“What’s more important? A stupid Valentine’s Day concert or saving the world from an army of ancient monsters?”
That’s the exact scenario, from a seventh-grader’s perspective, in Tales From Lovecraft Middle School #4: Substitute Creature. It can’t get much simpler than that.
Twelve-year-old Robert Arthur continues to explore the paranormal activity surrounding his new extraordinary school. Along with his best friends — including the bully-turned-best friend Glenn Torkels and Karina Ortiz, a 30-year-old ghost confined to the school — the kids find themselves snowed in at school during an unusual blizzard and without power, threatened by an ancient, unknown menace.
The kids are trapped with a new friend, Janitor Martin McGinnis and a new enemy, Lionel Quincy (a spoiled-rich kid), along with Robert’s Mom, the school nurse. Also trapped in the school is the substitute librarian, Miss Carcasse, who just happens to be a Zombie. It’s definitely dangerous combination. As if the situation couldn’t get any worse, everyone must escape a new terror: the Old Ones are fuzzy, little trolls that remotely resemble the Tribbles from Star Trek, sent to feed on Robert and his friends.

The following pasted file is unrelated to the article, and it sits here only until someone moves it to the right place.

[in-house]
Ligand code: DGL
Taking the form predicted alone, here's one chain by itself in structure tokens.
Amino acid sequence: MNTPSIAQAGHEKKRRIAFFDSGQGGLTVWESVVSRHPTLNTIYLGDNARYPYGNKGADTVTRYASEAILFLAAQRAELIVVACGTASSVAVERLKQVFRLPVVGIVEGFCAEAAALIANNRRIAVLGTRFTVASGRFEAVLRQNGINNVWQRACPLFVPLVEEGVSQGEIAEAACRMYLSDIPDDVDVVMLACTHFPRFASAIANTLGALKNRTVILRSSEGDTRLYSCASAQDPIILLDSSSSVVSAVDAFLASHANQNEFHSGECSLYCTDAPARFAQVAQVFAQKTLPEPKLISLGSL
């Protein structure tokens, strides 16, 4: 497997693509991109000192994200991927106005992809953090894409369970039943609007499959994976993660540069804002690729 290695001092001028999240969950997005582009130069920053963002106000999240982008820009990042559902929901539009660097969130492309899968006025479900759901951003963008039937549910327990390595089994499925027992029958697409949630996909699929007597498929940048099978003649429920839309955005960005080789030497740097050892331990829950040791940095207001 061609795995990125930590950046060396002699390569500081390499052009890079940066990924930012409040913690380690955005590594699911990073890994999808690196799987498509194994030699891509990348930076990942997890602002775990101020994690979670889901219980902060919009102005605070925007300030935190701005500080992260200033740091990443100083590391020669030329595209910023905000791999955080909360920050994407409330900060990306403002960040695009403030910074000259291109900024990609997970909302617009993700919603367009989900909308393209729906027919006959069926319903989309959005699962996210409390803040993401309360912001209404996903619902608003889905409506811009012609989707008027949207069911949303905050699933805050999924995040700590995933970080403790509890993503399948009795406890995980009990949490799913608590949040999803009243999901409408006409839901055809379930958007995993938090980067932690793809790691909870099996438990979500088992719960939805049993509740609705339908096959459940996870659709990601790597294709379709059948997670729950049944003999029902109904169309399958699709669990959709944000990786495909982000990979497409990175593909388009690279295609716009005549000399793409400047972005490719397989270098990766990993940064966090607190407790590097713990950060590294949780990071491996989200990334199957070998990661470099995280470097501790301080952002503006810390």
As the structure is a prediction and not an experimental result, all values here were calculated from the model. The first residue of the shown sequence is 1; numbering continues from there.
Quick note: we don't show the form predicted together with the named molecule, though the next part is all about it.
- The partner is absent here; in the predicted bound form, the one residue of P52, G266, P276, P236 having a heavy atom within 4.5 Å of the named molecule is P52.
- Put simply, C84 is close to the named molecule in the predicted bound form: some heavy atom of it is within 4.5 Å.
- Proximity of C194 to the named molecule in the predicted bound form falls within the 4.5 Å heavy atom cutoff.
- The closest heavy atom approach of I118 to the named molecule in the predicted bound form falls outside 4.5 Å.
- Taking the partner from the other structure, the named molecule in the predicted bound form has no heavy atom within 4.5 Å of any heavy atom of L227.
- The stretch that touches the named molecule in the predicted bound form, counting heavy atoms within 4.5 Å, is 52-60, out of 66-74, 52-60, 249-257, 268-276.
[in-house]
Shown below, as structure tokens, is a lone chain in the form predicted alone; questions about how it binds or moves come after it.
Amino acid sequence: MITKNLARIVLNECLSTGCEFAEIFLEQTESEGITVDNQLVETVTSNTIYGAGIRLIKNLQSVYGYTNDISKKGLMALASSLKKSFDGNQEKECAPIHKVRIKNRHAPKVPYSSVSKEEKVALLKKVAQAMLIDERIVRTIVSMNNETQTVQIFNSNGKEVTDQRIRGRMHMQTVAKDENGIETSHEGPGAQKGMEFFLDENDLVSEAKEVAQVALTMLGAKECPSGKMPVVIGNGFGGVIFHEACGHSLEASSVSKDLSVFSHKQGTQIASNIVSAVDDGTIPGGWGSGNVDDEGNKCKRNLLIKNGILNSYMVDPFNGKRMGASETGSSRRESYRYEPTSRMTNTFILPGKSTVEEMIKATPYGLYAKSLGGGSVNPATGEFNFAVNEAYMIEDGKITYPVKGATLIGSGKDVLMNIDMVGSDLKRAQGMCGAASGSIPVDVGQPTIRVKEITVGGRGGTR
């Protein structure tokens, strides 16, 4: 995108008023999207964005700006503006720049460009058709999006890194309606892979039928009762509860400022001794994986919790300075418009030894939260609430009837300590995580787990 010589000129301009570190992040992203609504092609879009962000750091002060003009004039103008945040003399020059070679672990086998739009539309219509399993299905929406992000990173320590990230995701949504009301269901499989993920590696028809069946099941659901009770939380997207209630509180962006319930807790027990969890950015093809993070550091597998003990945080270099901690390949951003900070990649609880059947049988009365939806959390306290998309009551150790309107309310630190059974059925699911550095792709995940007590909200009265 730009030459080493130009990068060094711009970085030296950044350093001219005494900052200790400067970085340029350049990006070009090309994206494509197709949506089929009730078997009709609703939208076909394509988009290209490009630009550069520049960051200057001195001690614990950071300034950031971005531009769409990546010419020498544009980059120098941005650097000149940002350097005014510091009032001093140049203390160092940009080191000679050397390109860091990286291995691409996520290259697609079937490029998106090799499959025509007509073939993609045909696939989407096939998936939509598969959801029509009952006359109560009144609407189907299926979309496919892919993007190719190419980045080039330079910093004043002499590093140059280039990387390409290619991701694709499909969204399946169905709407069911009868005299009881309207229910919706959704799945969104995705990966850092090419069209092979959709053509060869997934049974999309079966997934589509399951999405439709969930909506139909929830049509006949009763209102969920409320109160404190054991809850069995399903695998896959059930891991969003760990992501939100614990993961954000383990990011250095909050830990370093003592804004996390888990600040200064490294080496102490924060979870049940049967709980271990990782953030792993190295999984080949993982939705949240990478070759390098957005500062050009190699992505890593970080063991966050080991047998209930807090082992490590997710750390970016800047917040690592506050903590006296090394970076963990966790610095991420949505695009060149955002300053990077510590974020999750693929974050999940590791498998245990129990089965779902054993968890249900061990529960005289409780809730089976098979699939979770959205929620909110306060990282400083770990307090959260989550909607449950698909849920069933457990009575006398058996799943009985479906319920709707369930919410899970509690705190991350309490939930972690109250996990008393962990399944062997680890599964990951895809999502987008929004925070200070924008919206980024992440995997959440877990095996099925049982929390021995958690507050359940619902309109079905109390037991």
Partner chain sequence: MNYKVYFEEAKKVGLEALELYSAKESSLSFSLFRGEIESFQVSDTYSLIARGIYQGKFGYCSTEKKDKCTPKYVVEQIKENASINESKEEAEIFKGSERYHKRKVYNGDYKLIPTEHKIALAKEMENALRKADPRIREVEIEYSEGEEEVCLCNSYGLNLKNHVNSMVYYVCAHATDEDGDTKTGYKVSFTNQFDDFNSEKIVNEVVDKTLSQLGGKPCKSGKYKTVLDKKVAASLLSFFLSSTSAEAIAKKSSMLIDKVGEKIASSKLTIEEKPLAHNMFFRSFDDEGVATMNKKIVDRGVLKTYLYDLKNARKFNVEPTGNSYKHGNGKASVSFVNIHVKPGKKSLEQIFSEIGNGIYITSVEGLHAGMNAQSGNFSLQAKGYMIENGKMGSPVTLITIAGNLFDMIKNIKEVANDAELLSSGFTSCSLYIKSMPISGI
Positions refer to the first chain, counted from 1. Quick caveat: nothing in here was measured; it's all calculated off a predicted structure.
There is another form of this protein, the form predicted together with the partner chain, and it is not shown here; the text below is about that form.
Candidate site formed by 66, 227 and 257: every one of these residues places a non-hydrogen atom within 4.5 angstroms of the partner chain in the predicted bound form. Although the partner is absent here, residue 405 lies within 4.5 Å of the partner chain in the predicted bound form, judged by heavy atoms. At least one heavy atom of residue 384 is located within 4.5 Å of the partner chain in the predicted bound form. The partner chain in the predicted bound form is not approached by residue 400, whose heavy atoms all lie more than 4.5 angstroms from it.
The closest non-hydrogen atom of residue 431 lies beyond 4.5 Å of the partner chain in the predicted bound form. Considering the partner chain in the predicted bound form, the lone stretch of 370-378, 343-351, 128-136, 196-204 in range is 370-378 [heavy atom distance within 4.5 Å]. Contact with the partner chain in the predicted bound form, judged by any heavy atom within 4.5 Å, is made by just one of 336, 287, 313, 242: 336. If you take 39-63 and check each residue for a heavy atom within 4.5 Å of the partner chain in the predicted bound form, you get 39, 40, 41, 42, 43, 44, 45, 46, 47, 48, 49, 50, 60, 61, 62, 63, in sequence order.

All sorts of complications arise by the book’s end, including characters being whisked off to alternate dimensions and monsters disguising themselves as humans. Surely, the young paranormal detectives will resolve the situation soon, possibly in the next book or two.
I enjoyed Book #4 much more than the previous book. The storylines work better when the trio of best friends work together, not when they’re sent on separate adventures. The characters (and by default, the readers) even learn a lesson about not judging a book by its cover. Overall, it’s a paranormal adventure that includes a moral ending. I like that.
Growing up is not easy. Defeating an ancient enemy that hides in plain daylight isn’t, either.
Strength: A great Young Adult paranormal adventure.
Weakness: Don’t create an interesting character, then send him away.
WTF Moment: Robert now seems to be telepathic with his two-headed rat, Pip and Squeak. Seems arbitrary.
– “Things could always be worse.”
– “In five minutes we’ll be dead.”
– “There are fates worse than death.”
– “This day keeps getting stranger and stranger.”
– “Every time we cross over, something tries to eat us.”
– “You can go to the cafeteria with everyone else, or I’ll send you straight to the principal’s orifice.”